Coronavirus: Ministers issue statement on recovery plan

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The Northern Ireland Executive says it will “consider its plan for a phased, strategic approach to recovery” at a meeting on Monday.

A statement from First Minister Arlene Foster and Deputy First Minister Michelle O’Neill was issued on Sunday night.

Politicians in NI had emphasised the “stay at home message” ahead of the prime minister’s address on Sunday.

The executive has already extended lockdown in NI until 28 May.

Arlene Foster and Michelle O’Neill took part in a Cobra call on Sunday afternoon with the prime minister.

On Sunday evening, Boris Johnson unveiled a “conditional plan” to reopen society, allowing people in England to spend more time outdoors from Wednesday.

Mrs Foster said on Sunday evening “we have flattened the curve of infection, reduced the R rate to below one and protected our health service but we are not out of the woods yet”.

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Arlene Foster said the message on the whole remained to “stay at home”

“It is important that we continue to follow this advice,” she added.

“As the executive begins to finalise our plans for recovery, we need to strike the balance between continuing to protect lives and the health service and give people hope for the future.

“The changes that we will introduce will be gradual, proportionate and based on scientific and medical advice and will be taken at the right time and in the best interests of the people of Northern Ireland.”

Ms O’Neill said “we are at a critical stage in the fight against the virus and so our recovery must be phased, gradual and strategic”.

She added: “The decisions this executive will take in the days and weeks ahead are some of the biggest we will ever have to make.

“We know that six weeks into the restrictions, people need some light at the end of the tunnel.

“We also know that recovery will only happen one step at a time, to do otherwise risks undermining the sacrifices people have already made and increases the risk of a second spike in the future.”

Health officials in England have changed their message to “stay alert” with regard to the ongoing coronavirus outbreak.

In NI, the message remains the same.

Earlier on Sunday, Mrs Foster said the message on the whole remained to “stay at home”.

She added Northern Ireland will have a “road map” for moving out of lockdown at the beginning of the week.

She said people in Northern Ireland had complied with the social distancing regulations although “compliance is beginning to fray”.

Deputy First Minister Michelle O’Neill and Health Minister Robin Swann both tweeted “stay at home” messages on Sunday.

Alliance deputy leader Stephen Farry said that in a cross-party call with the prime minister on Sunday, he had expressed concerns about the “stay alert” message.

SDLP leader Colum Eastwood said he felt the message “doesn’t make any sense and nobody will understand it”.

“I said very clearly to Boris Johnson, it’s not a burglar we are worried about it’s a virus,” he added.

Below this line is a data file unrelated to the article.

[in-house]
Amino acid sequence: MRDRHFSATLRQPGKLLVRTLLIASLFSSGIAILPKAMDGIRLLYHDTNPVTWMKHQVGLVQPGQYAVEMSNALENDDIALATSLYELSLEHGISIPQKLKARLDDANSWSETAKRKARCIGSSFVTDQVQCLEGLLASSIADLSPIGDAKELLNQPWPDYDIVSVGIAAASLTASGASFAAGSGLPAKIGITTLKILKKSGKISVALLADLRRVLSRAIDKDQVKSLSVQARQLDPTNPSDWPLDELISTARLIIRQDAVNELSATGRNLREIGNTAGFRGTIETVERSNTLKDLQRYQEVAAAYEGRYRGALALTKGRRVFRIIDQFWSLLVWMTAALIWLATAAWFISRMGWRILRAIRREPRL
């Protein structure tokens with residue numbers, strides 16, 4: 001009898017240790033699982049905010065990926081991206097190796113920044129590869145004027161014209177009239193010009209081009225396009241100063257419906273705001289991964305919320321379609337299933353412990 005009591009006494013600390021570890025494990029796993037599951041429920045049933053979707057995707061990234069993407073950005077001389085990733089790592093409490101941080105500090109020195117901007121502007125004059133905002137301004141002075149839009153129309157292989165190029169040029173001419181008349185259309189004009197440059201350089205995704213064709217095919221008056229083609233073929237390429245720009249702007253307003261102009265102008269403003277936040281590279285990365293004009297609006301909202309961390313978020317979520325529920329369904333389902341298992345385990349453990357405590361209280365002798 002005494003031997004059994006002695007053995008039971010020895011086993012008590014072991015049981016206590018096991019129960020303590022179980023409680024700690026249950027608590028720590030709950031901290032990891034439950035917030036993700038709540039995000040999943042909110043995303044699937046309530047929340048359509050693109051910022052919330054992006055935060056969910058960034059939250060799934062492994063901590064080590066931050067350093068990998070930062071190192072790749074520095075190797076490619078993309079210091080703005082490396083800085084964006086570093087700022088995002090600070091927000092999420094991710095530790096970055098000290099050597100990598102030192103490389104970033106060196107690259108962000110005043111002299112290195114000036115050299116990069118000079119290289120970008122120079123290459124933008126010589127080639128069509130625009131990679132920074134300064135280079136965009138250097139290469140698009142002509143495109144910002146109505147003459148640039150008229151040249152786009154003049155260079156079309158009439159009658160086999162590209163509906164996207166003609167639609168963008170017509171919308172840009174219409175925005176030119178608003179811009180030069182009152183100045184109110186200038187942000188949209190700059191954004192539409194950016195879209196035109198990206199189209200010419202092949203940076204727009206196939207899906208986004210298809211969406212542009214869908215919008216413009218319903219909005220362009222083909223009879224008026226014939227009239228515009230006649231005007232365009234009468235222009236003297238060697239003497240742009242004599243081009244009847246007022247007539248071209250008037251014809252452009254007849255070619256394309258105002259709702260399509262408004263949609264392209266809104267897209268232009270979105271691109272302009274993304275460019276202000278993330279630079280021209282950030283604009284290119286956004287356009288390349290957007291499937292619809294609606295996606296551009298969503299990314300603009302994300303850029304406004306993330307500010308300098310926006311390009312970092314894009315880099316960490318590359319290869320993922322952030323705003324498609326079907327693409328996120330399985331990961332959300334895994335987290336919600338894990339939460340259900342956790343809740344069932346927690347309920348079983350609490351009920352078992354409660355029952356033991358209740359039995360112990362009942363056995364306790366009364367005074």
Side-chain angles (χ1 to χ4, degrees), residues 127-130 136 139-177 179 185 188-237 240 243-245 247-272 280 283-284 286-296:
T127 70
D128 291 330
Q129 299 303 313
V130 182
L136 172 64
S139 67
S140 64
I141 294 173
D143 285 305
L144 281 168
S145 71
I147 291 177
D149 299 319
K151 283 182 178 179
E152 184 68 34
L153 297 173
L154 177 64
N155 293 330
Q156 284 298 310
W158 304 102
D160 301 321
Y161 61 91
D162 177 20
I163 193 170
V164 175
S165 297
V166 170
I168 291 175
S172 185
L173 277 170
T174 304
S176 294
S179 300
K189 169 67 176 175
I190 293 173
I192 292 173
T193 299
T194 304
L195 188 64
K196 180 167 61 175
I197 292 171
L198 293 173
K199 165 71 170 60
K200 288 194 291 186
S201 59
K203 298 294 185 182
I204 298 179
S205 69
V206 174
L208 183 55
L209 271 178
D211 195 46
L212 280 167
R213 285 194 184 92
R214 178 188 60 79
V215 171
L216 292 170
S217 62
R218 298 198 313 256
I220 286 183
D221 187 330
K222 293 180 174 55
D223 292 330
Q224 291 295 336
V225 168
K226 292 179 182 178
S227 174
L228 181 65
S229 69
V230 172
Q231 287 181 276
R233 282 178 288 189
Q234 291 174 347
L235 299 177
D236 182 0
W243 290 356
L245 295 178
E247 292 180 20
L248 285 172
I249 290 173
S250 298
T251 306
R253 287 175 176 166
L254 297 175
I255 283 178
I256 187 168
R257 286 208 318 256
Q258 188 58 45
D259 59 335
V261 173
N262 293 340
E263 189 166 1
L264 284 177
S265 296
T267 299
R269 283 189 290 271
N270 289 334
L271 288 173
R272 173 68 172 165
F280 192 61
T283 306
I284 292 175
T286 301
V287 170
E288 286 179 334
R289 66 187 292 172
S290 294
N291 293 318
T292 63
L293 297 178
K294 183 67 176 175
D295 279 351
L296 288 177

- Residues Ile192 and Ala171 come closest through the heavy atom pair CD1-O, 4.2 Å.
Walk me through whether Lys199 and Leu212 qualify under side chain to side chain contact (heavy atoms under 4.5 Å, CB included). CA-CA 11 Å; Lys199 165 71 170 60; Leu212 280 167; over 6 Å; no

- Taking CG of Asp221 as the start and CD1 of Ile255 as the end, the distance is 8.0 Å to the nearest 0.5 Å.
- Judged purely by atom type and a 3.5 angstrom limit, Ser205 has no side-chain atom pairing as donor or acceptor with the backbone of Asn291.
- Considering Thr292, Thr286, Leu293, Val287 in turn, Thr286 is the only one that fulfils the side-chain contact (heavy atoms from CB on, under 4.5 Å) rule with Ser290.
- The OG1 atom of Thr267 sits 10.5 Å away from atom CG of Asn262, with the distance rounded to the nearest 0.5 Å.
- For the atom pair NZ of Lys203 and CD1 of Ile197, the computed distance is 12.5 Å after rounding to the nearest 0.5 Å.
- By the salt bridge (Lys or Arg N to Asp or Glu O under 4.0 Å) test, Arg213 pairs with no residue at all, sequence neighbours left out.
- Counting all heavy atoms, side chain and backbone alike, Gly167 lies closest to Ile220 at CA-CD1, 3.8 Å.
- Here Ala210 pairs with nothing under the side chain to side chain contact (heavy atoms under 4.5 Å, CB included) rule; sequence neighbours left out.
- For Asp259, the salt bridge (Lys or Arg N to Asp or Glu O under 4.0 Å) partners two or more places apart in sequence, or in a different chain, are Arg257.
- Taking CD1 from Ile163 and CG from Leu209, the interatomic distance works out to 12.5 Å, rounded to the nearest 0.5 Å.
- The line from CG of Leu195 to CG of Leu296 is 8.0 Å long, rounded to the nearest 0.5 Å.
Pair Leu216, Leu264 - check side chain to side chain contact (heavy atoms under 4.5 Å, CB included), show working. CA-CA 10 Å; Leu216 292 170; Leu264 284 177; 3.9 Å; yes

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Colum Eastwood said he felt the “stay alert” message “does not make any sense”

And Ulster Unionist leader Steve Aiken said: “It is our strong belief that now is not the time to change the message or direction.

“Until the R rate is reduced we must continue to keep staying home, keep protecting our NHS & above all, keep saving lives.”

Green Party NI leader Clare Bailey said “the message for people across Northern Ireland is to stay home, safe safe and protect our NHS”.

Earlier on Sunday Scotland’s First Minister asked the UK government not to advertise its new “stay alert” message north of the border.

Nicola Sturgeon said: “Given the critical point we are at in tackling the virus, #StayHomeSaveLives remains my clear message to Scotland at this stage.”

In Wales, the country’s First Minister Mark Drakeford said people should stay home “wherever you can”.

On Sunday, it was reported that five more people diagnosed with coronavirus have died in Northern Ireland.

That brings the number of Covid-19 related deaths to 435, according to Department of Health figures.

They show the number of people with a positive laboratory completed test is now 4,119.

The total number of laboratory completed tests is 38,984.

These figures are one of two sets published in Northern Ireland.

The others are weekly statistics from Northern Ireland’s Statistics and Research Agency (Nisra), which cover all fatalities where coronavirus has been recorded on the death certificate.

Figures released by Northern Ireland’s Statistics Agency (Nisra) on Friday showed there have been 516 coronavirus-related deaths recorded overall in NI – including 232 in care homes, and four in hospices.

Official statistics on Friday showed that, for a second week, there were more deaths in care homes (71) than hospitals (39).

Overall, there have been 232 care home deaths related to coronavirus.

Deputy First Minister Michelle O’Neill has called for universal testing for Covid-19 across all of Northern Ireland’s care homes immediately.

A further 269 people diagnosed with Covid-19 have died in the UK it was reported on Sunday, bringing the total to 31,855.

The figures count deaths in hospitals, care homes and the community.

On Sunday, it was reported that a further 12 people with Covid-19 have died in the Republic of Ireland.

It brings the number of coronavirus related deaths in the country to 1,458.

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